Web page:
Non-invasive diagnostic imaging can rule out coronary artery disease (CAD) in about 50% of women with atypical chest pain who are at relatively low risk for CAD, while exposing them to only a modest dose of radiation. Coronary Computed Tomography Angiography (CCTA) combined with calcium scoring is a good first-line diagnostic tool for women, in whom CAD often presents as atypical chest pain and reduced radiation exposure to breast tissue is emphasized, according to a new study published in Journal of Women’s Health, a peer-reviewed publication from Mary Ann Liebert, Inc., publishers. The article is available free on the Journal of Women’s Health website until September 12, 2015.
In “Ruling Out Coronary Artery Disease in Women with Atypical Chest Pain; Results of Calcium Score Combined with Coronary Computed Tomography Angiography and Associated Radiation Exposure,” Friso van der Zant, MD, PhD and coauthors from Medical Center Alkmaar, The Netherlands, evaluated the results of CCTA, a well-established, sensitive method of visualizing non-obstructive coronary artery disease, and calcium scoring to determine the presence of non-calcified plaques in the coronary arteries, among women over an 18-month period. The authors concluded that the ability to exclude a diagnosis of CAD in about half of patients can have a substantial impact on patient management.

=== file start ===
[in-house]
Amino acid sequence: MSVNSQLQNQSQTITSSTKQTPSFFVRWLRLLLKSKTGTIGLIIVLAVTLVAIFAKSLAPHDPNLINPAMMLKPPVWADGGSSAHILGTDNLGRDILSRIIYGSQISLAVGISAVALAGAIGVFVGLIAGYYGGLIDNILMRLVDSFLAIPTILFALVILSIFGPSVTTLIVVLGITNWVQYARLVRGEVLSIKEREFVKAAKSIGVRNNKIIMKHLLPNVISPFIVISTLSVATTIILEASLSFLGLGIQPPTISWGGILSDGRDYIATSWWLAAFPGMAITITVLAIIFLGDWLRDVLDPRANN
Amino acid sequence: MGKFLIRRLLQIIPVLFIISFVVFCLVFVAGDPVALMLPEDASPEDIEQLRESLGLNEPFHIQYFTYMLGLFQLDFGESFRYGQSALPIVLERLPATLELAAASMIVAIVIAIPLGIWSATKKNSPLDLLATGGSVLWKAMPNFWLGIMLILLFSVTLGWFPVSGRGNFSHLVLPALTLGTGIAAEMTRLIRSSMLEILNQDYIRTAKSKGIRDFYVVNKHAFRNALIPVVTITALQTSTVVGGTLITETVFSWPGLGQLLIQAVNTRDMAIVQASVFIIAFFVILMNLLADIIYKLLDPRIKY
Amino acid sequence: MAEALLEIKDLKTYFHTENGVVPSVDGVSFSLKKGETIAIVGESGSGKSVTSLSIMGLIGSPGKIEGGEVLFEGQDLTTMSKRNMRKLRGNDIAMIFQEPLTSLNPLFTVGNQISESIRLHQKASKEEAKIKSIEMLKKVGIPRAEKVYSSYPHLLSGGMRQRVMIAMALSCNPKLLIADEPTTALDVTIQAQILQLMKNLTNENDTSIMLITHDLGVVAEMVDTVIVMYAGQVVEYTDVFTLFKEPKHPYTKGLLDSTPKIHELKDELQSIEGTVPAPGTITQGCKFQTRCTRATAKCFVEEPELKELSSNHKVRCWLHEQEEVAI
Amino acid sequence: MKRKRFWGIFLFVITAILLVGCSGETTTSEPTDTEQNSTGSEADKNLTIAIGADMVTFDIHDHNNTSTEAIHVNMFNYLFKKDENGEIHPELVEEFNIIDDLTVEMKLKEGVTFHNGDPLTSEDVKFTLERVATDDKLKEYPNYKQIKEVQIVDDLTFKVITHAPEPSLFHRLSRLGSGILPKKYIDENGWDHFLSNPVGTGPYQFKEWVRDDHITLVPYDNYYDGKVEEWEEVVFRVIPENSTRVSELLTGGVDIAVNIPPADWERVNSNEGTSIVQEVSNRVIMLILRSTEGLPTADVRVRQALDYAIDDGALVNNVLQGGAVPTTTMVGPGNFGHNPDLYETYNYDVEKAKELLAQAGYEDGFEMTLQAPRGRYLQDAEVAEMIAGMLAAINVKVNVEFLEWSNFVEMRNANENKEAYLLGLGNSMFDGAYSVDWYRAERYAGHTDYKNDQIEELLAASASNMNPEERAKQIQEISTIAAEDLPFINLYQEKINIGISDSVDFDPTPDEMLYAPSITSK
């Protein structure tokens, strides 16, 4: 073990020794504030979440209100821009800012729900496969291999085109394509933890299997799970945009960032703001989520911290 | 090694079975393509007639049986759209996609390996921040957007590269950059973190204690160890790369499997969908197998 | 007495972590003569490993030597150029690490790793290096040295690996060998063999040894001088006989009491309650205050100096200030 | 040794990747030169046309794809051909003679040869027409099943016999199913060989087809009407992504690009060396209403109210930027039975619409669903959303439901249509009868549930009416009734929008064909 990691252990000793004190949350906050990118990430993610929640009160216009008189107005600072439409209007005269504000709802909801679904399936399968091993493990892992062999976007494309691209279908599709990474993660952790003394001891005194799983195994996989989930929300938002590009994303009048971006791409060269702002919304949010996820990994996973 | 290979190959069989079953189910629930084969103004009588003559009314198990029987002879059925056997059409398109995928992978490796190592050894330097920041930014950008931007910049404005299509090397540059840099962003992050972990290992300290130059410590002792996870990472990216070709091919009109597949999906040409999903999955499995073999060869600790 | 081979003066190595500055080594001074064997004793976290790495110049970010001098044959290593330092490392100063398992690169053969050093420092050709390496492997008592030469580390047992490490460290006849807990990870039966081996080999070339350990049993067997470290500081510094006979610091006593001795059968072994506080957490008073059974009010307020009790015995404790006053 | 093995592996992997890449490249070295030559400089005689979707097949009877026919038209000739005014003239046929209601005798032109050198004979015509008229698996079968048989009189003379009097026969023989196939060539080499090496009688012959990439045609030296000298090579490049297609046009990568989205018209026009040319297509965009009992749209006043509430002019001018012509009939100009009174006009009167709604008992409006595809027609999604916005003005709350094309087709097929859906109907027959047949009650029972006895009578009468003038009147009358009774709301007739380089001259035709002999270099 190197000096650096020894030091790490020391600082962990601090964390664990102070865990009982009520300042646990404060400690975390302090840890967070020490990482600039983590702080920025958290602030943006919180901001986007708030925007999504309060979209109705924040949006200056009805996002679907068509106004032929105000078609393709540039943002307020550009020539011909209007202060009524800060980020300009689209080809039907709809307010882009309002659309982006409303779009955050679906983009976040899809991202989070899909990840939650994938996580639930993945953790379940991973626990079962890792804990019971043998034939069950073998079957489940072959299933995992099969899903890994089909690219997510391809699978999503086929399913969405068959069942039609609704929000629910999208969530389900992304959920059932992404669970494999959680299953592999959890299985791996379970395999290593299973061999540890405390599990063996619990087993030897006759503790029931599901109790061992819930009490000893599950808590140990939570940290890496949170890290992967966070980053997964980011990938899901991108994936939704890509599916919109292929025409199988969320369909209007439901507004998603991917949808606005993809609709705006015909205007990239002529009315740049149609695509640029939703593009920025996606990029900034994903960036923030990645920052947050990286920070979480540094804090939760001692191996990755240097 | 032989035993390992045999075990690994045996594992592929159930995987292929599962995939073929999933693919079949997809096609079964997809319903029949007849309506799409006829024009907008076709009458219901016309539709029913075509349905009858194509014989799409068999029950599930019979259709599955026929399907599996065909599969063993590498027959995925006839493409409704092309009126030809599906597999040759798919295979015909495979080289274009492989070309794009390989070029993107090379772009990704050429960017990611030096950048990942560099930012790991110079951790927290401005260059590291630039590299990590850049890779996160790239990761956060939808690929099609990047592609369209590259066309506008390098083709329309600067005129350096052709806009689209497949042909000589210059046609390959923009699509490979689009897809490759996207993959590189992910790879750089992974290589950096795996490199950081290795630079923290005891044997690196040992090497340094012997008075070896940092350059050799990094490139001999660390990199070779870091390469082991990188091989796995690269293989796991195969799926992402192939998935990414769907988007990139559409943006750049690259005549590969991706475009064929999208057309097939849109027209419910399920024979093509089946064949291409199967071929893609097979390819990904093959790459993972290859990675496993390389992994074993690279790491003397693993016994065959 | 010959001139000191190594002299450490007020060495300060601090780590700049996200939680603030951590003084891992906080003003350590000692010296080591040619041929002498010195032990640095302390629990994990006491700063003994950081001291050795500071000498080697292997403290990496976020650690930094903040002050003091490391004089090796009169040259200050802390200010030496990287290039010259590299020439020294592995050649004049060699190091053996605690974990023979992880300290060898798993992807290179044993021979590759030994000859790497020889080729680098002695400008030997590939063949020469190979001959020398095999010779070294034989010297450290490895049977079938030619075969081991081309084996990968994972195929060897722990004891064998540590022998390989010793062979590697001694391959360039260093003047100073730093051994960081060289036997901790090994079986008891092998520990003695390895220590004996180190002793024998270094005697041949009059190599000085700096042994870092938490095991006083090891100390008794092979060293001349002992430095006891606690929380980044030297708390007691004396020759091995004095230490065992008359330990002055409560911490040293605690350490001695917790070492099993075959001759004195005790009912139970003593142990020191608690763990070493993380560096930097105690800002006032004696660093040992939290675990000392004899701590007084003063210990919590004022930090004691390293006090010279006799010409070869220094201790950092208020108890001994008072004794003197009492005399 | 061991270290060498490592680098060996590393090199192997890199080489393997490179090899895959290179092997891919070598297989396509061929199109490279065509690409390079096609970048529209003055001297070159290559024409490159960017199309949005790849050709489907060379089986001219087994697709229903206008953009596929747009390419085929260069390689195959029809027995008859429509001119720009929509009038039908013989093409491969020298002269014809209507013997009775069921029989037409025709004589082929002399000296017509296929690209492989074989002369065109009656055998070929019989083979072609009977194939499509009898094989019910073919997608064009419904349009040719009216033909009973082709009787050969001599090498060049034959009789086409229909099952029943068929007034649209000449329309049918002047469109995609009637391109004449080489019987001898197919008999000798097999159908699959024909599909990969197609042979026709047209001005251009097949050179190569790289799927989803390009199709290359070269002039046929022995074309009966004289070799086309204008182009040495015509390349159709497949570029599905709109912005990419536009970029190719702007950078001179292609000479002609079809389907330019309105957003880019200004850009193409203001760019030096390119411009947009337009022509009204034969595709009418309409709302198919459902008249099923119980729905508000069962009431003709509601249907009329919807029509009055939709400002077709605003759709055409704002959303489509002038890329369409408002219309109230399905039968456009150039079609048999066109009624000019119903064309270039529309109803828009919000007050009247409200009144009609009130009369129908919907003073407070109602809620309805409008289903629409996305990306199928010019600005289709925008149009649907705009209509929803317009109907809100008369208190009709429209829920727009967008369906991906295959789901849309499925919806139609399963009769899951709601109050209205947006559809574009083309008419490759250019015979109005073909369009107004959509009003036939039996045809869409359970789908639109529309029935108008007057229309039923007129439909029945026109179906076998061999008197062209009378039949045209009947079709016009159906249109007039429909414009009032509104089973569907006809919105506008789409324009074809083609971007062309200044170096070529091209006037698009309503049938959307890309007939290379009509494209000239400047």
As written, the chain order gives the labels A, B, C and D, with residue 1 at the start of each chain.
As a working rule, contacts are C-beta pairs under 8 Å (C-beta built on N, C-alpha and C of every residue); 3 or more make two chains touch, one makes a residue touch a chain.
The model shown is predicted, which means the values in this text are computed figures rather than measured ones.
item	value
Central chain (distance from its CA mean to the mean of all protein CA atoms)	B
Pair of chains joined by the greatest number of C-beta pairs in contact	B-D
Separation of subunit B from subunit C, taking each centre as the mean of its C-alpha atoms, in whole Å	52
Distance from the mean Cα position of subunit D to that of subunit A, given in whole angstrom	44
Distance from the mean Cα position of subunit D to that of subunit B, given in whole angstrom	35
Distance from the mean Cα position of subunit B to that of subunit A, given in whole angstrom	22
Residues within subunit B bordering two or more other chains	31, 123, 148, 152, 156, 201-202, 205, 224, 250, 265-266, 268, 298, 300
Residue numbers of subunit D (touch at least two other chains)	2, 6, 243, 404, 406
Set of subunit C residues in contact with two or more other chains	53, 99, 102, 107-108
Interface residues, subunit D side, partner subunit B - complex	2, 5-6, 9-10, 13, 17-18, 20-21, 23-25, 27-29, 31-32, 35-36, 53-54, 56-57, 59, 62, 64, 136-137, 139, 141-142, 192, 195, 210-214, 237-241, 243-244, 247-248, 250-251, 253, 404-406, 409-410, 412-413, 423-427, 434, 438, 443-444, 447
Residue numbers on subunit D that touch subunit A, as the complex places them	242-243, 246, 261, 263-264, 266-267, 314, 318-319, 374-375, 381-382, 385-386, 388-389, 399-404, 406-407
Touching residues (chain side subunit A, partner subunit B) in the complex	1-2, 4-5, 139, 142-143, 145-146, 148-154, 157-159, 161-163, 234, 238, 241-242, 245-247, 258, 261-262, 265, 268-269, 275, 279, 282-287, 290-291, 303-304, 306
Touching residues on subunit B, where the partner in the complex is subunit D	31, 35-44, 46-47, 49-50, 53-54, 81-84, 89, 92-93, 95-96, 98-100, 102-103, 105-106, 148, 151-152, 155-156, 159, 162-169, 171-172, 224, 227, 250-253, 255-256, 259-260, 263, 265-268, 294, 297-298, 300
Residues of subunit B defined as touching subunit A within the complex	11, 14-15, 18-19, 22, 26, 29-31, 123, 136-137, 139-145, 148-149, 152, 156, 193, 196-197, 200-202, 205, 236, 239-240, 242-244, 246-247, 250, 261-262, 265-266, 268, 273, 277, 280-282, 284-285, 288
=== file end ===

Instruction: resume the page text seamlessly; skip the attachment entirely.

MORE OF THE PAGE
“This study suggests that CCTA combined with calcium scoring is a useful diagnostic tool for excluding coronary artery disease in women with atypical chest pain, with minimal concerns about radiation exposure,” says Susan G. Kornstein, MD, Editor-in-Chief of Journal of Women’s Health, Executive Director of the Virginia Commonwealth University Institute for Women’s Health, Richmond, VA, and President of the Academy of Women’s Health.